Are you playing the disc as if was a lateral recording ? You need to modify the cartridge connections to play vertical recordings.
If you have not modified the connections then you must do that before you think about stylus.
I have played vertical recordings withe .7 mil lp stylus, 2.5 mil tuncated and 4 mil truncated depending which gave the best reproduction.
To modify your cartridge connections (put the two coils in series) use the left ground as ground. Use right + lead as the output lead. connect the L+ and the R- together/in series. This will give you a mono vertical output to your computer.
Hope this helps
--- On Fri, 9/26/08, Eric Hollis <[log in to unmask]> wrote:
> From: Eric Hollis <[log in to unmask]>
> Subject: [ARSCLIST] Advice needed on how to restore an old acoustic recording
> To: [log in to unmask]
> Date: Friday, September 26, 2008, 1:57 PM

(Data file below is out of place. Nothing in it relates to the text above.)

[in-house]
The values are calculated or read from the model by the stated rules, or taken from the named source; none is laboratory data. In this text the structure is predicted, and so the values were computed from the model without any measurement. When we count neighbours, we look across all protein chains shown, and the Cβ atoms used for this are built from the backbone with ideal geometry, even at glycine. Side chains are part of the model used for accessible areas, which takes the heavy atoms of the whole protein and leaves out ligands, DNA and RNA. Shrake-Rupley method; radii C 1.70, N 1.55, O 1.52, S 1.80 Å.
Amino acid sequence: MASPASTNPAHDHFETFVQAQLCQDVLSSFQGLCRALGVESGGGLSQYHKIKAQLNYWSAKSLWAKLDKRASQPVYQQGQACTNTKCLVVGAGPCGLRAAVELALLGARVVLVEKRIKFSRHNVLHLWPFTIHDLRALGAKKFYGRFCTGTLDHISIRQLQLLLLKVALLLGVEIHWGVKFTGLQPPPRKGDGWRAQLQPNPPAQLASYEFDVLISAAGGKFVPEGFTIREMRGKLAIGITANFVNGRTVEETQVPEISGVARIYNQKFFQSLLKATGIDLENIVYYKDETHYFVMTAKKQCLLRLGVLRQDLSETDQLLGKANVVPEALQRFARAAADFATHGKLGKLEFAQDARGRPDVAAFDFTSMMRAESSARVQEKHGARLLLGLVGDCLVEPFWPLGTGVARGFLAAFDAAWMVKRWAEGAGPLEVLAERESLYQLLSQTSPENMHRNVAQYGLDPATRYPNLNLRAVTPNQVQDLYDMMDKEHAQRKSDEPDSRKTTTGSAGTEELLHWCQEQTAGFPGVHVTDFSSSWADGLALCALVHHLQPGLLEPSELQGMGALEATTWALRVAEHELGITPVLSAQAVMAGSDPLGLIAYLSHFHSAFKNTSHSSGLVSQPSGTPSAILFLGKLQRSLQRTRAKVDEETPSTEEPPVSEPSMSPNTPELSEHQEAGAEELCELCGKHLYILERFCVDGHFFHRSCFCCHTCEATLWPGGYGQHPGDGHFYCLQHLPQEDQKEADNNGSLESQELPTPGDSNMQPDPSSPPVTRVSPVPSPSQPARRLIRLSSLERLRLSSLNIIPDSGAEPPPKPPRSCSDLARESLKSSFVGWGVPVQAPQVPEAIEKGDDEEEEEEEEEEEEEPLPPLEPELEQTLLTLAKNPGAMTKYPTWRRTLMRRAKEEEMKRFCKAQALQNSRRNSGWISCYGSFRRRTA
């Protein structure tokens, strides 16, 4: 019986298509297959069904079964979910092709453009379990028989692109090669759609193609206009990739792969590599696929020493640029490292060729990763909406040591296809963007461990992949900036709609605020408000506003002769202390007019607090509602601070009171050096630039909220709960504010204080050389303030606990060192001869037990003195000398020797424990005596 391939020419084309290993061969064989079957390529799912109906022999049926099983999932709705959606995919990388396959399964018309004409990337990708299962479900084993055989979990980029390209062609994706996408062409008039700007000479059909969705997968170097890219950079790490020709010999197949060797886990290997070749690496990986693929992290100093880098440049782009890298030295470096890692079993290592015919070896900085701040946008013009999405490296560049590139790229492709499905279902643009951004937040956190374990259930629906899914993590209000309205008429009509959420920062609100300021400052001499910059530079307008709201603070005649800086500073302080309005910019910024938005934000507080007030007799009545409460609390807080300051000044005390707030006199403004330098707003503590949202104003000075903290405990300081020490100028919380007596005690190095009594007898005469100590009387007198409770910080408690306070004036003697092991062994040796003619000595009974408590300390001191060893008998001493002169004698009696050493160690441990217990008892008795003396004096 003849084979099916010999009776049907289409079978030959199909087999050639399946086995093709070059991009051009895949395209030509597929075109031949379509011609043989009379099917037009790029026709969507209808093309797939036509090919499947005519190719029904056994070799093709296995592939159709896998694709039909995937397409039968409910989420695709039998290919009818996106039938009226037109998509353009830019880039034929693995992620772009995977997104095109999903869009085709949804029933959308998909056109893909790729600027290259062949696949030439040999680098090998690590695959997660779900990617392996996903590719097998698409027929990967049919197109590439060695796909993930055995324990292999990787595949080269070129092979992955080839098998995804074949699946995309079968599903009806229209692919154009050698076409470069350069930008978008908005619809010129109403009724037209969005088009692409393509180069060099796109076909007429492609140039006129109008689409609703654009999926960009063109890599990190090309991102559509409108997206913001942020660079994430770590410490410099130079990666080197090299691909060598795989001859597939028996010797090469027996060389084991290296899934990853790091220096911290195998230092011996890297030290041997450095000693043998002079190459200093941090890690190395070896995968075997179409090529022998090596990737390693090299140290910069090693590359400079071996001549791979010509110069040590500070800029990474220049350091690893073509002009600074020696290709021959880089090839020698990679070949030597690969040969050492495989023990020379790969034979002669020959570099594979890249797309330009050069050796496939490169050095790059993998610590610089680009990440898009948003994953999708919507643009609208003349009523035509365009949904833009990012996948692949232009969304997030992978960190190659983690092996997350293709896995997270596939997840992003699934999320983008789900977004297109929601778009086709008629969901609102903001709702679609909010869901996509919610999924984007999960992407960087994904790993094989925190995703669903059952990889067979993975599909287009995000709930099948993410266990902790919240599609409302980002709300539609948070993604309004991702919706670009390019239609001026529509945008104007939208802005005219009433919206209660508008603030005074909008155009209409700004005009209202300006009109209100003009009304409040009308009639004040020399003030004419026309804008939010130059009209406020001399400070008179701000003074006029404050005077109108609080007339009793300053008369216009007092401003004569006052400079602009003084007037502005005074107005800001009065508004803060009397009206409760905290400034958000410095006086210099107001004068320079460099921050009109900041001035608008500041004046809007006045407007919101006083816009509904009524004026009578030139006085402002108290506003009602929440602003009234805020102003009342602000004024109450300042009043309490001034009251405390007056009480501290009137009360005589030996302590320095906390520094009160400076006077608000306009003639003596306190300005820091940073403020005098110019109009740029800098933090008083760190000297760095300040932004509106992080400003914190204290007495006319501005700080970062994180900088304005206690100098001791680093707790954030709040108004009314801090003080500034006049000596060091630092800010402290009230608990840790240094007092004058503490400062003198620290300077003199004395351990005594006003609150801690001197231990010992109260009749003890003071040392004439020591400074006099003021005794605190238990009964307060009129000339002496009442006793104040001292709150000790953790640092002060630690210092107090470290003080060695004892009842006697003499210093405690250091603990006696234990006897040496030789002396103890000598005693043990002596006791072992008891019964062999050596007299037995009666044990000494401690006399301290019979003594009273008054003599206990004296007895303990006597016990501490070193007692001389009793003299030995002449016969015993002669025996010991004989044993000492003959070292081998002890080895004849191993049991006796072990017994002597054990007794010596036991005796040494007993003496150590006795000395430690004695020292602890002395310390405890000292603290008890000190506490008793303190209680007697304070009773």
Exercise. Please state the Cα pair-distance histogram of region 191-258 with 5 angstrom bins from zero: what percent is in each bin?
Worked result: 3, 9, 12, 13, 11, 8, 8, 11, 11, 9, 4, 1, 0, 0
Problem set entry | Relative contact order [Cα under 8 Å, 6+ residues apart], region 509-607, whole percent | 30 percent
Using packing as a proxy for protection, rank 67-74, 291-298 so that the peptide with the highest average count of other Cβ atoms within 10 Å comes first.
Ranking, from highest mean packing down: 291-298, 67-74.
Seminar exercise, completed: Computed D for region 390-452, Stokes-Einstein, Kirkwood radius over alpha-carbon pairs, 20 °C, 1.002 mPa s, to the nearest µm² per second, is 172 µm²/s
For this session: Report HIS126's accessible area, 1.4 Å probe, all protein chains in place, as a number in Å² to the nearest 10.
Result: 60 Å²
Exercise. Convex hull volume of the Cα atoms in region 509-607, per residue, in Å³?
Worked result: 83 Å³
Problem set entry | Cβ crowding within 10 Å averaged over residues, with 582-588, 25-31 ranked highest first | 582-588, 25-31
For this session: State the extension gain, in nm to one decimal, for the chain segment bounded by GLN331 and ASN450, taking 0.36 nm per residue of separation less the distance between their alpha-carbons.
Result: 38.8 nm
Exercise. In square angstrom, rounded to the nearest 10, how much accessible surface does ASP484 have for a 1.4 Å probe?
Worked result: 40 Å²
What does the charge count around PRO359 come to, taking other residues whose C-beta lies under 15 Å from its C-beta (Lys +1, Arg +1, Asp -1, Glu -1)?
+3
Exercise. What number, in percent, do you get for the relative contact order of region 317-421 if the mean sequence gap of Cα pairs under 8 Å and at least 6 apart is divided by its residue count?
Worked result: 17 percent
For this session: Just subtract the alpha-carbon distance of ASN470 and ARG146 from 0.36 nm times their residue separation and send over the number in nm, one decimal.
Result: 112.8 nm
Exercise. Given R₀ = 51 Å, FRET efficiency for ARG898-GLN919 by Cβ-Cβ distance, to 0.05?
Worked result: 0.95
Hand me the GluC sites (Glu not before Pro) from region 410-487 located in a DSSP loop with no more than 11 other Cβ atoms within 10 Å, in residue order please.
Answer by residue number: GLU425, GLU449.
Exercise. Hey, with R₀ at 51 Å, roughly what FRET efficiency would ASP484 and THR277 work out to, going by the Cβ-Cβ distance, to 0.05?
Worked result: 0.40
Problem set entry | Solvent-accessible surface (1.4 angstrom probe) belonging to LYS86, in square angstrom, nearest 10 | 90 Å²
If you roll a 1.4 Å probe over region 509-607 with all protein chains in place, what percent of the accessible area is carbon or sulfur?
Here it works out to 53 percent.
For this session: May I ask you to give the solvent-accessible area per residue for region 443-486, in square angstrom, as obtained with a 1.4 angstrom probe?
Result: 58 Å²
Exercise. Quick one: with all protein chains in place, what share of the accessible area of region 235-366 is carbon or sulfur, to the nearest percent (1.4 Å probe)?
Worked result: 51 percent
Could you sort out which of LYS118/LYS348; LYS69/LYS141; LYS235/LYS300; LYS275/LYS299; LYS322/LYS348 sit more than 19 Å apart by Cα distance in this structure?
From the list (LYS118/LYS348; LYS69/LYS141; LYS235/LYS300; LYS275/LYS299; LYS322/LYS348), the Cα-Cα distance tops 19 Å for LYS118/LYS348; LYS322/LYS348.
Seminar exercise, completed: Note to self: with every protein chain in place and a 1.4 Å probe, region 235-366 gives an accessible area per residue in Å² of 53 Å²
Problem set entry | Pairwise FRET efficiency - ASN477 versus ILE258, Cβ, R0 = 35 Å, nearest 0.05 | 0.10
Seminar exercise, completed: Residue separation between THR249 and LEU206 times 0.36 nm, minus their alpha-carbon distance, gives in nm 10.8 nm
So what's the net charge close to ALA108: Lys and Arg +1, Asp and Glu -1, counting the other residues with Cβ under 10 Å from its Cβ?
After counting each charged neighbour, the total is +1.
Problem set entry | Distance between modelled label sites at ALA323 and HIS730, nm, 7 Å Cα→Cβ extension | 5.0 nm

> Hi. I'm an amateur at sound restoration. I don't do
> it as a profession,
> just as a hobby that I really enjoy.
> I purchased a Rek-O-Kut CVS-16 turntable that will play up
> to 16" discs, a
> Stanton 500 cartrige and two styli (2.75TC, 3.0E). I
> transfer everything
> thru a flat phono preamp, and do all the restoration and EQ
> in my software,
> I'm trying to restore a recording from 1916. It's
> on the Angelophone
> label. It is a vertical recording, seven inch, speech
> only. I have
> several copies of the recording, but I think they've
> all been damaged to
> one extent or another. I've tried playing them with a
> 2.75 TC diamond and
> a 3.0 E. The surface noise is quite pronounced. I
> attached an mp3 of a
> very short segment of the recording to let you see what
> I'm up against.
> I don't have a microscope, and I don't want to
> continue buying styli until
> I get the right one.
> My question: Would anyone on the list be willing to look at
> and make a
> recommendation on the proper stylus to play these
> recordings? I'm in New
> York, and I'd be willing to send the recording to
> someone for evaluation
> and recommendation on what type stylus I should use. I
> know it's a long
> shot, but I'd really like to do a good job restoring
> these recordings. If
> anyone has any suggestions for a humble newbie, I'm
> Thanks for considering.
> Eric Hollis